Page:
bild på nanotråd i sveptunnelmikroskop

Linnaeus Physics Colloquium: Exploring Nanostructures with Scanning Tunneling Microscopy

Välkommen till höstens första Linnaeus Physics Colloquium, en seminarieserie med framstående forskare i fysik.

Föreläsare: Rainer Timm, avdelningen för synkrotronljusfysik vid fysiska institutionen och NanoLund, Lunds universitet
Titel: Exploring Nanostructures with Scanning Tunneling Microscopy

Plats: Kalmar – sal N304, Norrgård. Växjö – via länk, rum D0073, hus D. Live via Adobe Connect –

Kaffe och bullar kl. 13.45 på Norrgård, rum N304.

Illustration: Bild från sveptunnelmikroskop på InAs-nanotråd som visar två övergångar mellan kristallfaserna zinkblände och wurtzit.


Semiconductor nanostructures, such as clusters, quantum dots, or nanowires, are promising candidates for next generation (opto)electronic devices. They combine novel materials science properties, quantum-size effects, and a large flexibility in combining different materials. As an example, III-V semiconductor nanowires with superior charge carrier mobility and direct bandgap can be epitaxially grown on silicon substrates without interfacial defects. Due to the small size and high aspect ratio of most nanostructures, their properties are to a significant extend determined by surface effects. Therefore, detailed surface and interface characterization is crucial for understanding and improving the performance of nanowire-based devices. Scanning tunneling microscopy (STM) has proven to be a powerful tool for exploring surface structure and electronic properties at the atomic scale. However, the finite size, inherent anisotropy, and large aspect ratio of nanostructures are significant challenges for an STM experiment.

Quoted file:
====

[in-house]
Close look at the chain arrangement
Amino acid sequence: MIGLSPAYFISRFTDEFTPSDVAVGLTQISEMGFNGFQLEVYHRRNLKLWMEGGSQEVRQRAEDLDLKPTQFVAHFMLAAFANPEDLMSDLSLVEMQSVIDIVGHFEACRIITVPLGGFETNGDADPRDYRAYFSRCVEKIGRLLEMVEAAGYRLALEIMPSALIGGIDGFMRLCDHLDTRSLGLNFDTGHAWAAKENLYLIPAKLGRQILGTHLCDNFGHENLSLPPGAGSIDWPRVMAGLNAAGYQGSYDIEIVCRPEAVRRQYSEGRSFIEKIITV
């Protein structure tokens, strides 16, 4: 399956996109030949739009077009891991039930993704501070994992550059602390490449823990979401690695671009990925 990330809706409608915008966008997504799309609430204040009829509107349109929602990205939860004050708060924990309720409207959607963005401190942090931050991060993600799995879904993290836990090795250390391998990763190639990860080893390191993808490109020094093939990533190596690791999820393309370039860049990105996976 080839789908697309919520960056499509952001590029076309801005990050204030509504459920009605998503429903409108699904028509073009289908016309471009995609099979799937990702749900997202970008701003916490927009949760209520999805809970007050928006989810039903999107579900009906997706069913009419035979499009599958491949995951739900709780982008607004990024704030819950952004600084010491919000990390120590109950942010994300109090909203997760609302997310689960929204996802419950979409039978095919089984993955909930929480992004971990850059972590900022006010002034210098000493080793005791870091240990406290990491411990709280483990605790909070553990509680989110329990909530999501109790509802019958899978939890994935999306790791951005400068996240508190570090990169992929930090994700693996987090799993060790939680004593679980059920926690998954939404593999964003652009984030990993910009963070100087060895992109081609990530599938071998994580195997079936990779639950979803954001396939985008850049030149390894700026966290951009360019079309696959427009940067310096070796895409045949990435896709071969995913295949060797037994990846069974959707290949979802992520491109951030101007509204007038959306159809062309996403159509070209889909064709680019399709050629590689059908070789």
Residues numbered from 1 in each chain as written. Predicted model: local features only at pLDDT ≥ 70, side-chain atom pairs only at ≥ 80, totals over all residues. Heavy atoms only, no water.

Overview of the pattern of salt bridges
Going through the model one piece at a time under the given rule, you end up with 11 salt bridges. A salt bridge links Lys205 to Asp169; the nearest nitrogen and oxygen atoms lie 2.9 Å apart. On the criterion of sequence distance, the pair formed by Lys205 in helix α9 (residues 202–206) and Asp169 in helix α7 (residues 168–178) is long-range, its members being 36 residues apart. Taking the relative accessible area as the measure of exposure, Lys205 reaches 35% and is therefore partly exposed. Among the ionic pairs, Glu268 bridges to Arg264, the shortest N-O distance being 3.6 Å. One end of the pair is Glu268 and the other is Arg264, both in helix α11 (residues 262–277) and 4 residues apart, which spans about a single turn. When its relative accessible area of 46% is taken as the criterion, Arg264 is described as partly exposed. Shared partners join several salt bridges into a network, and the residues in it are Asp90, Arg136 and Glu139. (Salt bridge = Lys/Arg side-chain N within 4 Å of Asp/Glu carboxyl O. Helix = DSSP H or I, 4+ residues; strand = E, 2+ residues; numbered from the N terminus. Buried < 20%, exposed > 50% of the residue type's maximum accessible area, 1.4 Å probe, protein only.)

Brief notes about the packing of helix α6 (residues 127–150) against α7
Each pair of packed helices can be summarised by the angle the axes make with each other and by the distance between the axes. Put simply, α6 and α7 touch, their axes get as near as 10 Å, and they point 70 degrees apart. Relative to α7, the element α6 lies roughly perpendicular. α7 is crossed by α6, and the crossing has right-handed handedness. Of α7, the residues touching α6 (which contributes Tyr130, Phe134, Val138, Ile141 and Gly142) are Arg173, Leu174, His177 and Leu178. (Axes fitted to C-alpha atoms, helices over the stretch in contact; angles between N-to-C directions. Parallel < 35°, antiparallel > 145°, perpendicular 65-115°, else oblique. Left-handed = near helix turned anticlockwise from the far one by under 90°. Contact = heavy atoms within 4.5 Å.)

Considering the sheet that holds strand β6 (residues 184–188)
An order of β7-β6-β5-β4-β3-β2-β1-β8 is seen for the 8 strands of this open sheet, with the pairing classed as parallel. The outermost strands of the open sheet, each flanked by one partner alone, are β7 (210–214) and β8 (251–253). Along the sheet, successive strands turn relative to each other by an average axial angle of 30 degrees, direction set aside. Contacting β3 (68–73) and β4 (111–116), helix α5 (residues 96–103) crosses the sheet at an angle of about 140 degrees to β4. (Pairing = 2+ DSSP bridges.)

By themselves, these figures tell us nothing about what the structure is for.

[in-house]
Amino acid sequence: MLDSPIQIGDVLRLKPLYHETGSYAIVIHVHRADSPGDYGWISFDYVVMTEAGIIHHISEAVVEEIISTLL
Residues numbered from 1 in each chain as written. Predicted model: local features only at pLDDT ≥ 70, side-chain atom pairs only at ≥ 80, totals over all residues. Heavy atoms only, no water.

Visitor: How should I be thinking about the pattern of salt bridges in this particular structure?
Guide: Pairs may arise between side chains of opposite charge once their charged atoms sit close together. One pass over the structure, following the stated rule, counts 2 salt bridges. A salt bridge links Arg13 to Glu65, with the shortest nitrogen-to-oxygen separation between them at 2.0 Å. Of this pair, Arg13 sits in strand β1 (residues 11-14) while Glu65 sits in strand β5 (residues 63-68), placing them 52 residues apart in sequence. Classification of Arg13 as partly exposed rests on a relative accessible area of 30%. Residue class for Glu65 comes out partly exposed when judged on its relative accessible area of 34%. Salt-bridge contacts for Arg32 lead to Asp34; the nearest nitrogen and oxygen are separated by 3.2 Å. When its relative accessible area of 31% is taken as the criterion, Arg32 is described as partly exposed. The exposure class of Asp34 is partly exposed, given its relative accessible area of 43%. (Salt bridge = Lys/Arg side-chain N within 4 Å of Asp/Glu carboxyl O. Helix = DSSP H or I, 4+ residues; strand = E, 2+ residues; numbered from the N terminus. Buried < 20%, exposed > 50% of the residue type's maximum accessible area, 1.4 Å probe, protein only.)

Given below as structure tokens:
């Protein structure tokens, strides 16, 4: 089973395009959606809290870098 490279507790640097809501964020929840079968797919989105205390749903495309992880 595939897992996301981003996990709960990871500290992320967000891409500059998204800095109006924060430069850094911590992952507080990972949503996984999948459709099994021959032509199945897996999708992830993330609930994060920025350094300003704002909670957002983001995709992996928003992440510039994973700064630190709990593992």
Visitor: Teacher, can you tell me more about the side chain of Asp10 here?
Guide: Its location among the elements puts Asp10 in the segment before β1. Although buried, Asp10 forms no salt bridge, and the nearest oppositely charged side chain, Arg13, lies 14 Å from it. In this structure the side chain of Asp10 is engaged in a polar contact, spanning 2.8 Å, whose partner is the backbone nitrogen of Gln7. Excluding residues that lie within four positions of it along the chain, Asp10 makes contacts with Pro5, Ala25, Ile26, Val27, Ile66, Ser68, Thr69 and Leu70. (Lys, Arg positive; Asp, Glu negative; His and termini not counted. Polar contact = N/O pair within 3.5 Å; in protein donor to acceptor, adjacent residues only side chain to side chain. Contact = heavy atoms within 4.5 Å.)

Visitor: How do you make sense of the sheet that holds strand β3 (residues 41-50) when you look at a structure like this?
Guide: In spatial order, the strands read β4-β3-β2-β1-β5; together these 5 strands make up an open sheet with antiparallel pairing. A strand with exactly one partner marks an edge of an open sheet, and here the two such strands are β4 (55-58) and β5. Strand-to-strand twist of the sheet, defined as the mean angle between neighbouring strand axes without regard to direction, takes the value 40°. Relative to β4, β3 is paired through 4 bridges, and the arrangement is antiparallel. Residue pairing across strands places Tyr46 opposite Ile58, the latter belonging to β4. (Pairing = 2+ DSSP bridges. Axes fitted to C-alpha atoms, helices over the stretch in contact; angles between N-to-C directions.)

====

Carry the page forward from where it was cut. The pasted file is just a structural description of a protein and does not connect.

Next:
Here, I will present our different STM-based approaches for the atomic-scale characterization of III-V semiconductor nanowires in various geometries. We map heterostructures across interfaces between different crystal phases, different doping levels, or different semiconductor materials. By combining STM imaging with scanning tunneling spectroscopy measurements, we correlate the surface structure and local electronic properties at heterostructures with atomically sharp interfaces. Our most recent efforts include in-situ and operando studies, where we investigate nanowires during device performance or while their surface becomes modified. I will show examples of STM results that are relevant for fundamental materials science as well as for future tunnel field effect transistors or solar cells.


Kalmar: sal N304, Norrgård. Växjö: via länk, rum D0073, hus D. Live: Carlo Canali Lägg till i din kalender